Microsoft has launched two Africa Development Centres (ADC) in Nairobi, Kenya and another in Lagos, Nigeria to recruit world-class African engineering talent to develop innovative solutions that span the intelligent cloud and intelligent edge.
The $100 center aims to increase Microsoft’s presence in Africa to empower partners and customers as they use Microsoft solutions in fields important to the continent like FinTech, AgriTech and OffGrid energy.
“The ADC will help us better listen to our customers, develop locally and scale for global impact,” says Phil Spencer, executive sponsor of the ADC and executive vice president at Microsoft. “Beyond that, it’s an opportunity to engage more with local partners, academia, governments and developers – driving impact and innovation in sectors important to Africa.”
For the ADC, Microsoft is seeking engineering talent in artificial intelligence (AI), machine learning and mixed reality. With the initial team of engineers already starting work, the ADC intends to recruit 100 full-time engineers by the end of 2019 – expanding to 500 across the two sites by 2023. Applications are open on the ADC website.
Microsoft is also partnering with local universities to create a modern intelligent edge and cloud curriculum, unique to Africa. Graduates from top Kenyan engineering universities will have access to the ADC to build relevant and meaningful careers in data science, AI, mixed reality, application development and more.
“Our desire is to recruit exceptional engineering talent and provide the opportunity to work on the latest technologies suitable for Kenya and the rest of the world,” says Michael Fortin, corporate vice president at Microsoft and the lead in establishing the first ADC engineering team in Nairobi. “In doing so, engineers are able to enjoy meaningful work from their home countries, while plugged into a global engineering and development organisation.”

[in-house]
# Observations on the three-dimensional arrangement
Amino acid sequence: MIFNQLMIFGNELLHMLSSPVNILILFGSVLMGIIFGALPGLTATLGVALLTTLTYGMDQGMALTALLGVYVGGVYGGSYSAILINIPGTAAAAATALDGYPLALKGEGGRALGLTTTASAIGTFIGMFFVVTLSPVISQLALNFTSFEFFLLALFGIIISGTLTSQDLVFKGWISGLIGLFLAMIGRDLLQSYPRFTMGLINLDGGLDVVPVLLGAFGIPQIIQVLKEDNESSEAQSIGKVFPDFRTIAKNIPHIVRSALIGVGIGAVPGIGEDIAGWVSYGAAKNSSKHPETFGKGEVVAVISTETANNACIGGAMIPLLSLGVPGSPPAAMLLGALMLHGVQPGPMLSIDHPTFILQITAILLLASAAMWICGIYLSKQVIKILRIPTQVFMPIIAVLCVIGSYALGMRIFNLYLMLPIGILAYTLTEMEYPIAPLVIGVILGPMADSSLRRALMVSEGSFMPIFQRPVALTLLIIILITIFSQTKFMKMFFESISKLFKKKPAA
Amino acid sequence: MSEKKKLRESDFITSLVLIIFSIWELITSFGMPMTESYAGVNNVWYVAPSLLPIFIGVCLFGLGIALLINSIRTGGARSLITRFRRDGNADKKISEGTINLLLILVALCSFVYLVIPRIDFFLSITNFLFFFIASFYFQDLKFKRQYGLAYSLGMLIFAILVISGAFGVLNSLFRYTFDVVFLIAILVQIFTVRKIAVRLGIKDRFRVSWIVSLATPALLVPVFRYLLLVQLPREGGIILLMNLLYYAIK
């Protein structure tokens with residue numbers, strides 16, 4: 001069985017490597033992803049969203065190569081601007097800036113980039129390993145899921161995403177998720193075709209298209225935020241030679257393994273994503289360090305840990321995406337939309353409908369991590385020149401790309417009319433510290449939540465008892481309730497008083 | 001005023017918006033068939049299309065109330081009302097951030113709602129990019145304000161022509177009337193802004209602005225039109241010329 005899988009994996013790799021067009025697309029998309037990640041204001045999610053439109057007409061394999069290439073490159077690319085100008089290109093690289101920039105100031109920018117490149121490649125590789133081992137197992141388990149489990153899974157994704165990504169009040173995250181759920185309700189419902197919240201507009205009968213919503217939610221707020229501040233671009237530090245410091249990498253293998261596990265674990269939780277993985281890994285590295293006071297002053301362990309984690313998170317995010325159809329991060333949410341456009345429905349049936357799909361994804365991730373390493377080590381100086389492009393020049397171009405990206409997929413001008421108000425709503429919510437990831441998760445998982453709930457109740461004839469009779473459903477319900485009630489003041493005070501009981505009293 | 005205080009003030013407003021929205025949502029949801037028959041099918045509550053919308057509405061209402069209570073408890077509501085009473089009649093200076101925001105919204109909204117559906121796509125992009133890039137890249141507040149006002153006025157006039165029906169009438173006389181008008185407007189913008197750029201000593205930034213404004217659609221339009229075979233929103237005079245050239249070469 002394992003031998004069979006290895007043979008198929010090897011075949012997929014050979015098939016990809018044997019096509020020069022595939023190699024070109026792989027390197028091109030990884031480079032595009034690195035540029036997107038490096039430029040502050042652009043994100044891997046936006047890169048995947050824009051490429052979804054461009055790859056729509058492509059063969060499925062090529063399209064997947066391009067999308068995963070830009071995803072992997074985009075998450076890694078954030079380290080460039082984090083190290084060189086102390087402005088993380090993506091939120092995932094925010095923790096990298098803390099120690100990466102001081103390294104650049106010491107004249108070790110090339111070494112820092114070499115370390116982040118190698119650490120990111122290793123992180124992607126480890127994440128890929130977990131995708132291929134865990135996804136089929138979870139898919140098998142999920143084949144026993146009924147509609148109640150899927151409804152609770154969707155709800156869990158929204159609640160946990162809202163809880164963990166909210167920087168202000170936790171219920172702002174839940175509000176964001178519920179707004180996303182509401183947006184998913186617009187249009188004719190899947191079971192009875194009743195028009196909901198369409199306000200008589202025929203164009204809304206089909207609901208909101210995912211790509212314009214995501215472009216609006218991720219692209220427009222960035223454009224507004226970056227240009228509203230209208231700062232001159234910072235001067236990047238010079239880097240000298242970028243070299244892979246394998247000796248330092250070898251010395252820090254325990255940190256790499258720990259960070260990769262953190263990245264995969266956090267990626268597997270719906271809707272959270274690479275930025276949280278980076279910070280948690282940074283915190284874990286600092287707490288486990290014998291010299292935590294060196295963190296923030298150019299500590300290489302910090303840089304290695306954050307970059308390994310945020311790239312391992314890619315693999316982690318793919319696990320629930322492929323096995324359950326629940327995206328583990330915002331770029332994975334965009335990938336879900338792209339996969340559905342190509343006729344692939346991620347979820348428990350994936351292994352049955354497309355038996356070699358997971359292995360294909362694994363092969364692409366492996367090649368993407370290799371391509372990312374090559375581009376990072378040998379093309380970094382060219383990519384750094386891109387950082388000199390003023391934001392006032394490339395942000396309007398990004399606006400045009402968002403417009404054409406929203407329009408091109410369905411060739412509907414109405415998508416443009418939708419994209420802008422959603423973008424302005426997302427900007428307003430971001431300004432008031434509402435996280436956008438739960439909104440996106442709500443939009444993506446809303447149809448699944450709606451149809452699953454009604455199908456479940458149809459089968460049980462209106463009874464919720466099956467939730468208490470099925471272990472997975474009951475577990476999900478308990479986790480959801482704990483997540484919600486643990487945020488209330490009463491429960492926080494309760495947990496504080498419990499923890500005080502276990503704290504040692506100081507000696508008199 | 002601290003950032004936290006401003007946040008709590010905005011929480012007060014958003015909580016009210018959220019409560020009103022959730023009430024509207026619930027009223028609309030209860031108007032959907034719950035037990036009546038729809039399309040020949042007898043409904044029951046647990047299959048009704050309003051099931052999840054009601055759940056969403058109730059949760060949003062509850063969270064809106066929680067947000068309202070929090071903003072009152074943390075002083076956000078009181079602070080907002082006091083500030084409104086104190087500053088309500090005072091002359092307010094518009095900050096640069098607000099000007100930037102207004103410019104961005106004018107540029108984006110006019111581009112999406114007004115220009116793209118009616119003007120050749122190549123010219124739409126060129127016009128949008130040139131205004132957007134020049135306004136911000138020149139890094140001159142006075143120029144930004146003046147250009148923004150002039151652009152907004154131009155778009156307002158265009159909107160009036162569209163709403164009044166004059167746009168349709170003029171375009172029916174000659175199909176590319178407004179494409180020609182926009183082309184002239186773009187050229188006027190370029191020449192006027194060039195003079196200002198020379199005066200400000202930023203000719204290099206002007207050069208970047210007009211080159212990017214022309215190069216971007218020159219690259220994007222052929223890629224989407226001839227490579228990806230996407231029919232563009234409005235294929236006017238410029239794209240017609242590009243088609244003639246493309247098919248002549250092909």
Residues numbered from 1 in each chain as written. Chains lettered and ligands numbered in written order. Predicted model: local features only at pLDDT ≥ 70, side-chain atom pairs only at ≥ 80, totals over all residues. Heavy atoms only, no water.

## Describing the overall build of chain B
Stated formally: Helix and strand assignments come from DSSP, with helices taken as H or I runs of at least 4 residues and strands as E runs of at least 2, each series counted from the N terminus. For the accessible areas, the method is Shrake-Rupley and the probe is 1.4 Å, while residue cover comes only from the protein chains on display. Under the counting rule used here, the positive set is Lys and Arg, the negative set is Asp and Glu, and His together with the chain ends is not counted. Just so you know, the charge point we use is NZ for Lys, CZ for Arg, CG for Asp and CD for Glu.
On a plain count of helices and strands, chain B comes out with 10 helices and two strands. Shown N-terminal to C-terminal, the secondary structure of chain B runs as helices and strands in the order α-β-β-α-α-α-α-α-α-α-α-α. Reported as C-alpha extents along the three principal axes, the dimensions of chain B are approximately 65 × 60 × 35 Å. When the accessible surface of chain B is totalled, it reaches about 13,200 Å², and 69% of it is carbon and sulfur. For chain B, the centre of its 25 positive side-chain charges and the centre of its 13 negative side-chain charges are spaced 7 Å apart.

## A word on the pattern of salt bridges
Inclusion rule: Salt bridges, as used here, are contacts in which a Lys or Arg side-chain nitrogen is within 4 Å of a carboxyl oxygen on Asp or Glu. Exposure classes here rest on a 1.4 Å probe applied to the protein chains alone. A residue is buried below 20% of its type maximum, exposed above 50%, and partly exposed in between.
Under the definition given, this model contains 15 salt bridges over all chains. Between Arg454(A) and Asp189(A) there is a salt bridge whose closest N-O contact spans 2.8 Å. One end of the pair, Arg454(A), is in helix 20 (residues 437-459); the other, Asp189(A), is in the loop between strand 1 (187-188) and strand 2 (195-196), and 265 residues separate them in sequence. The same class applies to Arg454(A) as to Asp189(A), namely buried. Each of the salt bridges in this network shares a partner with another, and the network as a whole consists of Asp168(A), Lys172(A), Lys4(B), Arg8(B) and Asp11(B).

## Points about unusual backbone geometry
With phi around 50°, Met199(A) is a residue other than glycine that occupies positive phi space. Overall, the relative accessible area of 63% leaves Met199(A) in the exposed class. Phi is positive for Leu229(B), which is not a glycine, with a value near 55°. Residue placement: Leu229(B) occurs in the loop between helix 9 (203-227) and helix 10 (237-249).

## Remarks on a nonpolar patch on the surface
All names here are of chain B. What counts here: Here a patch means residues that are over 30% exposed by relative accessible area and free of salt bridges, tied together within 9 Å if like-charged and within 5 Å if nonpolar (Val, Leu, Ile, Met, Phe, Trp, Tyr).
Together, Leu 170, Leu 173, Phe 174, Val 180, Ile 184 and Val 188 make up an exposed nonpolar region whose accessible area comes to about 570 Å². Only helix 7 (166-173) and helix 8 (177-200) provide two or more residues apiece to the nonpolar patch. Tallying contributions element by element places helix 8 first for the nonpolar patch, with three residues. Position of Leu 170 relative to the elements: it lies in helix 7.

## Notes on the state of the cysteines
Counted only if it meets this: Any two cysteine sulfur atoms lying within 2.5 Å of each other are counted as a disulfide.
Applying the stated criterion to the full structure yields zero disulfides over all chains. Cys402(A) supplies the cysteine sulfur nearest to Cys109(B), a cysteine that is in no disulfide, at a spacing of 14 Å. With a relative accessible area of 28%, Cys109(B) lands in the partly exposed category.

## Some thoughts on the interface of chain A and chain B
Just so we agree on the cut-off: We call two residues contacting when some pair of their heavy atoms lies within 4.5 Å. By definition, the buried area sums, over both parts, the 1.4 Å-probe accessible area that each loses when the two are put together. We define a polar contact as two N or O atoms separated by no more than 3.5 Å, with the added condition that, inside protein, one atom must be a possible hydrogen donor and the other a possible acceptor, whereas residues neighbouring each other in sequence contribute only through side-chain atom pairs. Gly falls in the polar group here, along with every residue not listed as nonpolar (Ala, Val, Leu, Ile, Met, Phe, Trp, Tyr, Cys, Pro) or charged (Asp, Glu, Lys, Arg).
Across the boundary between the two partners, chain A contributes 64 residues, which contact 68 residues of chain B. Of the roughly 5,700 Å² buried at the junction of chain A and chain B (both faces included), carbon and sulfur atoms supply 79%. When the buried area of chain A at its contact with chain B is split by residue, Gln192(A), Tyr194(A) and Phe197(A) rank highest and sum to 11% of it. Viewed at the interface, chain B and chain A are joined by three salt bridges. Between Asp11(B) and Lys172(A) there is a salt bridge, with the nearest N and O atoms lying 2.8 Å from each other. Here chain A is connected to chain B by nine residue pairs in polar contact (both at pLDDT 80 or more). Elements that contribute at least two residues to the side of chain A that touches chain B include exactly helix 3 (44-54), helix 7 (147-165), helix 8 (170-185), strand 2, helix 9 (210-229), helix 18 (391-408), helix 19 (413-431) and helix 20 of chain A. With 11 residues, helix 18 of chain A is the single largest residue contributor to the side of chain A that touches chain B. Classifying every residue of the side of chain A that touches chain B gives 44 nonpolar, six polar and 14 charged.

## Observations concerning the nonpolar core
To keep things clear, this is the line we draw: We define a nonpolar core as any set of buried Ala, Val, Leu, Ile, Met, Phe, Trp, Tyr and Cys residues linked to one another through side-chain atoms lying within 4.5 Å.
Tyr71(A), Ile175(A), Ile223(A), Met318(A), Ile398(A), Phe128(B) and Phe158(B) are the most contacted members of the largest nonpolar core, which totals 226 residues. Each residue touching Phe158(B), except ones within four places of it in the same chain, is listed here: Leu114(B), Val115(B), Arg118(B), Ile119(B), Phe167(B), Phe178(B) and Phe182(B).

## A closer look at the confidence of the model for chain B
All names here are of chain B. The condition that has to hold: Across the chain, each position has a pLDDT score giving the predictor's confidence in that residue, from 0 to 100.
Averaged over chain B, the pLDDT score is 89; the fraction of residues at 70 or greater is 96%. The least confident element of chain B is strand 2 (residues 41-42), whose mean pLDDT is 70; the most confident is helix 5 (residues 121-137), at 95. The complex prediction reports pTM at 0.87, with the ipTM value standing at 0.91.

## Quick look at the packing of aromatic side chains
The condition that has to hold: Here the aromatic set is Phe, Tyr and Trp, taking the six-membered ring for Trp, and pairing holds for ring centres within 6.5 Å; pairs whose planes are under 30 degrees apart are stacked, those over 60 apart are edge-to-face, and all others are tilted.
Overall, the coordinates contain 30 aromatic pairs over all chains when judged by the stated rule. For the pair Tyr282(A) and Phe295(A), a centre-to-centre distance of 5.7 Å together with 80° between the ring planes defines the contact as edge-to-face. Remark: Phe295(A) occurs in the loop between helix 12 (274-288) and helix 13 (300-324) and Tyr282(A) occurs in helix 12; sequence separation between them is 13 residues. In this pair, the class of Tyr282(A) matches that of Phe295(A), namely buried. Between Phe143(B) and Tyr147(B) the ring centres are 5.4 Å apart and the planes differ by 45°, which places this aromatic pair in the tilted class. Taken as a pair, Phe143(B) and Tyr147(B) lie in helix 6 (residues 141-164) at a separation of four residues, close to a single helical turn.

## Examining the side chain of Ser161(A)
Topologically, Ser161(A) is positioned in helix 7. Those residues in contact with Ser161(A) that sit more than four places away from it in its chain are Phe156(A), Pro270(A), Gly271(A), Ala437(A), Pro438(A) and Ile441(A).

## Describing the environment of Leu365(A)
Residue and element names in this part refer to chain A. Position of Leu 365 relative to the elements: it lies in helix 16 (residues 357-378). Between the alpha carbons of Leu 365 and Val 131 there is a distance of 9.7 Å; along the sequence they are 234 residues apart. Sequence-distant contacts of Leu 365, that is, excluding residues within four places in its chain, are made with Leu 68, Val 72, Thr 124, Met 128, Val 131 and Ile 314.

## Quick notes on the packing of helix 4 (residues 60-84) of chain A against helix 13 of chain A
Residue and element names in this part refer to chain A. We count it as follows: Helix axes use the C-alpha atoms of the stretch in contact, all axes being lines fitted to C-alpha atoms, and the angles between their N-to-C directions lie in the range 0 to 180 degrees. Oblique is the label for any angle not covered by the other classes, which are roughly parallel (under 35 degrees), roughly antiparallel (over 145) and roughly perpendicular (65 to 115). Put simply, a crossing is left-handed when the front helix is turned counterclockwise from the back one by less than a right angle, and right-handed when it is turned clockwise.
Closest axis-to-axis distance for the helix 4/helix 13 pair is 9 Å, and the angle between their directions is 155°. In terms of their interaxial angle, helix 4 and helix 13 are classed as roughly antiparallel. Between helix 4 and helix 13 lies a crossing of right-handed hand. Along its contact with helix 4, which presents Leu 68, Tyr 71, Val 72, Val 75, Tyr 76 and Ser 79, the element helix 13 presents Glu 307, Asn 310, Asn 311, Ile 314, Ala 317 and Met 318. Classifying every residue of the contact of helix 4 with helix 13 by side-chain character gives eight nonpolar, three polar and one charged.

The investment in ADC infrastructure and employment of qualified local engineers across the two ADC sites is expected to total US $100 million over the first five years of operation.
Microsoft is already empowering many Kenyan innovations at the edge, with partners like Interswitch, energy start-up M-KOPA, fintech start-up MoVAS Group, agritech start-up N-Frnds, and Virtual City, a key partner across all areas,” continues Haileleul.
The International Center for Tropical Agriculture in Kenya is also a recent AI for Earth grant recipient.
Microsoft Cognition and Microsoft Windows teams will kick-start the ADC efforts, focusing on AI-enabled cloud services, mixed reality experiences and rich applications that power the intelligent edge without disruption.